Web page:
In a nutshell, Bored & Dangerous says: “I really wouldn’t consider myself a Marvel or comic book fanboy, but as I read my own gushing praise and geeky enthusiasm for this movie, I might have to rethink that.”
“This job… We try to save as many people as we can. Sometimes that doesn’t mean everybody. But if we can’t find a way to live with that, next time… Maybe nobody gets saved.”
Marvel Studios really has cracked the code. I read comic books for a few years as a teenager, but I’m in no way an authority of devotee. To me, the already massive, ever expanding Marvel cinematic universe is filled with movies that are all basically the same. The names of the characters might change, and the objects of desire they’re trying to keep from their interchangeable villains might be different, but strip away the surface level stuff, and there’s really no difference between a movie about The Avengers, compared to one about The Guardians of the Galaxy, or the latest offering starring Thor. Yet for all of that, I can’t help loving the ride every single time I take it. Which just happened once again, with Captain America: Civil War.
After the events of The Avengers: Age of Ultron saw an entire city ripped from the earth, raised to the sky and thousands killed, the US government, represented by Secretary of State Thaddeus Ross (William Hurt), decides it’s time for enhanced humans like the Avengers to come under the control of the United Nations. The two alpha Avengers are split on this, with Iron Man / Tony Stark (Robert Downey Jr), in favor, and Captain America / Steve Rogers (Chris Evans) firmly against.
Still looking for the Winter Soldier, revealed in the last Captain America to be his old friend from WWII Bucky Barnes (Sebastian Stan), Cap is determined to run his operations his way, with no government sanctions required. After Barnes is the supposed guilty party in the assassination of King t’Chaka (John Kani), leader of the African nation of Wakanda, the call for control of these enhance humans only becomes louder.
Soon, the heroes’ roster introduced over the last decade or so of Marvel movies is split down the middle. Ironman, War Machine (Don Cheadle as James Rhodes), the Black Widow (Scarlett Johansson as Natasha Romnaoff) and Vision (Paul Bettany), along with new recruit Spider-Man (Tom Holland as Peter Parker) have singed the new accords to come under United Nations control. While Captain America goes rogue in the hope of saving his old friend, backed up by Falcon (Anthony Mackie as Sam Wilson), Hawkeye (Jeremy Renner as Clint Barton), Ant-Man (Paul Rudd as Scott Lang) and Scarlet Witch (Elizabeth Olsen as Wanda Maximoff). Plus, the son of the late King t’Chaka (Chadwick Boseman as T’Challa), arrives as Black Panther, determined to take down the Winter Soldier as revenge for his father’s death.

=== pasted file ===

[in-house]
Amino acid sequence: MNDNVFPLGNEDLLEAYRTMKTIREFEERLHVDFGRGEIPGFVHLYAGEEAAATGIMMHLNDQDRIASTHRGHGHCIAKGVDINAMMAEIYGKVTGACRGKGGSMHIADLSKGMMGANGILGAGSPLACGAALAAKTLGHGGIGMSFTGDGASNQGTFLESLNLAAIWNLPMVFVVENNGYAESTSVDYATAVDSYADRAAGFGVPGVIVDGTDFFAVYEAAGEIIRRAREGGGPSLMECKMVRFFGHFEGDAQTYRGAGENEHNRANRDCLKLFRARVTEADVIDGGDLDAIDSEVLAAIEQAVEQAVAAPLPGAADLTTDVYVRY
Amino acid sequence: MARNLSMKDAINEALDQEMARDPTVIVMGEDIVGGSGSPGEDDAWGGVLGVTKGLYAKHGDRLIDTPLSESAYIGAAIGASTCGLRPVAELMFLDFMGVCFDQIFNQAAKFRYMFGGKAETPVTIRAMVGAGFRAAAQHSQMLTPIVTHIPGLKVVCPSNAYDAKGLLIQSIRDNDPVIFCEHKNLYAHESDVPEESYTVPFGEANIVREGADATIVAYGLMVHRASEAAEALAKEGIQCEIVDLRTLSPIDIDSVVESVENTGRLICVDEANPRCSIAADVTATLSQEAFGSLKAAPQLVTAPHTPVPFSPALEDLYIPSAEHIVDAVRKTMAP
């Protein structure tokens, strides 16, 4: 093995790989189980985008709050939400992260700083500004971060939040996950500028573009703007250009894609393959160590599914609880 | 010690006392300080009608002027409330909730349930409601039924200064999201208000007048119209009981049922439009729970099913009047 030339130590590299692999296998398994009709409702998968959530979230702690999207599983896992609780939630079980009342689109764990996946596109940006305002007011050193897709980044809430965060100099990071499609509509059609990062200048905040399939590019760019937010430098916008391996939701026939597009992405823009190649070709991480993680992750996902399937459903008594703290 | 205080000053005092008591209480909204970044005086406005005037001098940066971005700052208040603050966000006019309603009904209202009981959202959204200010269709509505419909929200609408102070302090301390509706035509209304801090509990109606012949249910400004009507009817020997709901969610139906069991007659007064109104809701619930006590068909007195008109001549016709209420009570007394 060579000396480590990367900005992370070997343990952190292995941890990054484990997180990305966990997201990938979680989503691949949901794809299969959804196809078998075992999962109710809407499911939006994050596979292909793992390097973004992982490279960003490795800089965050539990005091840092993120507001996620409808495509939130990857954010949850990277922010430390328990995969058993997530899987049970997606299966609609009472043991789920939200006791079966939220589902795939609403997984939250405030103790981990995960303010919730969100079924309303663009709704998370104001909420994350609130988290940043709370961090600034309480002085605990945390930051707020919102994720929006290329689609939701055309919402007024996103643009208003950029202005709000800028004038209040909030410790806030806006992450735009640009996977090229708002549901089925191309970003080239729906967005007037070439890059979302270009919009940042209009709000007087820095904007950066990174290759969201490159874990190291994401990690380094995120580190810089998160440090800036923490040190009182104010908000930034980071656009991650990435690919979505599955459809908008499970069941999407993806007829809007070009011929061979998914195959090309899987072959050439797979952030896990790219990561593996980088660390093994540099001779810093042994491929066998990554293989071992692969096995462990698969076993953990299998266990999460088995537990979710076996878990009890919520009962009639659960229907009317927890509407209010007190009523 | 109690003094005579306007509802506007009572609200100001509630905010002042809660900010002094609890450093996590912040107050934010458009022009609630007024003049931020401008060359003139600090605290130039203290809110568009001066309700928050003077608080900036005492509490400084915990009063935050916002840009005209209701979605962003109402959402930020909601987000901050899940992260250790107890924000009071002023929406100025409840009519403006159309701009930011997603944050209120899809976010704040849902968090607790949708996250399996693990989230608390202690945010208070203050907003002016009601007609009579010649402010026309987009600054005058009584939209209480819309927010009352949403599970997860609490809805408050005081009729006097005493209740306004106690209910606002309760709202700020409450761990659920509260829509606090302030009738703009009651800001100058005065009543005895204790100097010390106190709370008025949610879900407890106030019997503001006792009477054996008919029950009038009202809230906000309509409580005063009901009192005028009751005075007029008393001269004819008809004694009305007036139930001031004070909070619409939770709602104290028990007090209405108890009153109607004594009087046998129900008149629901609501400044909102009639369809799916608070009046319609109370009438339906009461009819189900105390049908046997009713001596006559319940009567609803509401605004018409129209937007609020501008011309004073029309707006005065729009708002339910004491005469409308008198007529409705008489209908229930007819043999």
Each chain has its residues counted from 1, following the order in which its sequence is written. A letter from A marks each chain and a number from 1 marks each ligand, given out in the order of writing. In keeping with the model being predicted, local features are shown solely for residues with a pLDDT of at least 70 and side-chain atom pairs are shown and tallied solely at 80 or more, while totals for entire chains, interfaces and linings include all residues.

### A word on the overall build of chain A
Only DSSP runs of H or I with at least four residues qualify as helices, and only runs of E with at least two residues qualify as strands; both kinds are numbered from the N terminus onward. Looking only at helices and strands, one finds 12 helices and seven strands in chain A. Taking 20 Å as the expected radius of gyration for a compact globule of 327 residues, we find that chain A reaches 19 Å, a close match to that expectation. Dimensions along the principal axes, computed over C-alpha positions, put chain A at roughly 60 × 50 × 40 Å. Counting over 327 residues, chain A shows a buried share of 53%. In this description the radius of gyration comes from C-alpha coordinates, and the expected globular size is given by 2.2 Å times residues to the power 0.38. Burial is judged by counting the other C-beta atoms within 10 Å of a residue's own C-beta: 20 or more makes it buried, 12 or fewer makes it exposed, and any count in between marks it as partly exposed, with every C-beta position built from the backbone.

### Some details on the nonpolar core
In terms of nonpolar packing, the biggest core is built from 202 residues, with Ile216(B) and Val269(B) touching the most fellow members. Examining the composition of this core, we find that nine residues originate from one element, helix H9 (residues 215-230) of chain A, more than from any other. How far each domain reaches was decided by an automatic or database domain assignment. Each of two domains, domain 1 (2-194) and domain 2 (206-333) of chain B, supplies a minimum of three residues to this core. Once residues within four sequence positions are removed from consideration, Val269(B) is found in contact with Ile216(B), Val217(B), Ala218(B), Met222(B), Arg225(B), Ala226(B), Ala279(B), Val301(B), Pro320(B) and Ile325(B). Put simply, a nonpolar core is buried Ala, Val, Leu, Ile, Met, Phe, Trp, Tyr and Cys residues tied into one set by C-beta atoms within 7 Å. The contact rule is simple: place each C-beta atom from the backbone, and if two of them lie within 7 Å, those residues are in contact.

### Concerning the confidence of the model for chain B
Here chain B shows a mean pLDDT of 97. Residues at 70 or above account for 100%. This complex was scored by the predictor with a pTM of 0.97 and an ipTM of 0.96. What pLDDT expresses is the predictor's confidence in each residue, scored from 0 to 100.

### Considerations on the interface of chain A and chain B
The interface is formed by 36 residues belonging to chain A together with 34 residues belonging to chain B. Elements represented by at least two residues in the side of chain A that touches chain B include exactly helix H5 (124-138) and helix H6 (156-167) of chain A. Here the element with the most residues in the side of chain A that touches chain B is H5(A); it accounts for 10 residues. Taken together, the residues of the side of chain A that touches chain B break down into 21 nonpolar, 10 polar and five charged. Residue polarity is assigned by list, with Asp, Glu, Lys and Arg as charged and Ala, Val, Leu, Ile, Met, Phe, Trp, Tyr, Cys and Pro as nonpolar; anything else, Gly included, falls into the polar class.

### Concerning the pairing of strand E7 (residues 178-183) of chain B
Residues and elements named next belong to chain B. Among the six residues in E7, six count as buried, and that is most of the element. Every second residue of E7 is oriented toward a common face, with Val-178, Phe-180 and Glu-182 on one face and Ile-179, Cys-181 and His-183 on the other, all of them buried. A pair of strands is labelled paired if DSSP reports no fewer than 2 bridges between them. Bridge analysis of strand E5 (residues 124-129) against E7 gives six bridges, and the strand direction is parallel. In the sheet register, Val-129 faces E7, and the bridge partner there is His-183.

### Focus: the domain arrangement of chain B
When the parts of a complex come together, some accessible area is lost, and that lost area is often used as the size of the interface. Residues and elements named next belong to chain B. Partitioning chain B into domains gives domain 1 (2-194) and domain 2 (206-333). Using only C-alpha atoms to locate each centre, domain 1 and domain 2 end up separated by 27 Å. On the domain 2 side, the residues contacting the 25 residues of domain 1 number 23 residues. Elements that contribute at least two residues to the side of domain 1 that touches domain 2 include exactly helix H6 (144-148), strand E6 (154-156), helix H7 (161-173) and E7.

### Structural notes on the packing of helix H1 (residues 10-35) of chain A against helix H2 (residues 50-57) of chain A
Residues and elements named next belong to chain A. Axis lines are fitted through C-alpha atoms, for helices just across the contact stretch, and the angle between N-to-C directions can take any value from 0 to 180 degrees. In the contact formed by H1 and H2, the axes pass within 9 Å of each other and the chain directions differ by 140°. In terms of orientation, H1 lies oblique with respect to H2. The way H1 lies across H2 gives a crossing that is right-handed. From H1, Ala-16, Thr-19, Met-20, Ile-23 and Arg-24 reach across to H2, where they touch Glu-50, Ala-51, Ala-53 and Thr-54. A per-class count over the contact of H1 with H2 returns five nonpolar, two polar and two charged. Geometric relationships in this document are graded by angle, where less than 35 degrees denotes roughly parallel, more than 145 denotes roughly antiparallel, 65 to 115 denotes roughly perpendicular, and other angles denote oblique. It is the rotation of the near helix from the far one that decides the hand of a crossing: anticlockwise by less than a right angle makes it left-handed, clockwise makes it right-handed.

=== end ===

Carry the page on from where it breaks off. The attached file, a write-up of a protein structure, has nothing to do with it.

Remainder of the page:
That is so much more plot and so many more words than I usually like to dedicate to a synopsis for one of my reviews. But it really is just the basic setup. With a dozen or so movies before it in this epic franchise, there’s so much back story and character motivation to pull from and build on, that even with that extended summary, I barely scratched the surface of the specifics that fuel Captain America: Civil War. I never even got around to mentioning the villain and the part they play. Yet, with all of that, I never found it bloated, convoluted, messy or unfocused. Instead, I just found it all sorts of fun.
Like every Marvel movie to come before, I never gave a single crap about the details of the movie’s bad guy, what they wanted, or why the good guys were trying to stop them from getting it. Those sorts of specifics just don’t matter to me when it comes to these movies. What does matter, is seeing the interactions between the amazing ensemble cast this universe has built over the years. It’s also great getting to see them play a new side to these relationships. There are still plenty of quippy, motor mouthed exchanges of one liners and zingers, but there are also real moments of emotion when Tony Stark and Steve Rogers realise just how fundamentally they disagree, and the betrayal they both feel when the other refuses to back down.
And amongst all of that payoff from years’ worth of relationship building, every one of the newer characters makes sure they more than justify their inclusion as well. There’s the light hearted, self awareness of Paul Rudd’s Scott Lang, and brooding intensity of Chadwick Boseman’s T’Challa, they bring the perfect amounts of light and shade exactly when needed. And everything about this version of Spider-Man is just perfect. From the way it’s written, to the way Tom aolland Holland delivers the unabashed teenaged enthusiasm of Peter Parker makes me genuinely excited about yet another reboot of the Spider-Man franchise… As long as they don’t bore us with the character’s third big screen origin story in 15 years.
I really wouldn’t consider myself a Marvel or comic book fanboy, but as I look back at the preceding 850 words of gushing praise and geeky enthusiasm, I might have to rethink that. I know that Captain America: Civil War is formulaic. I know that it’s massive success is a bad thing for cinema overall, as more and more studios will continue to make more and more movies exactly like it, instead of trying to find original stories about original characters. But I also know that Captain America: Civil War is just pure entertainment that delivers.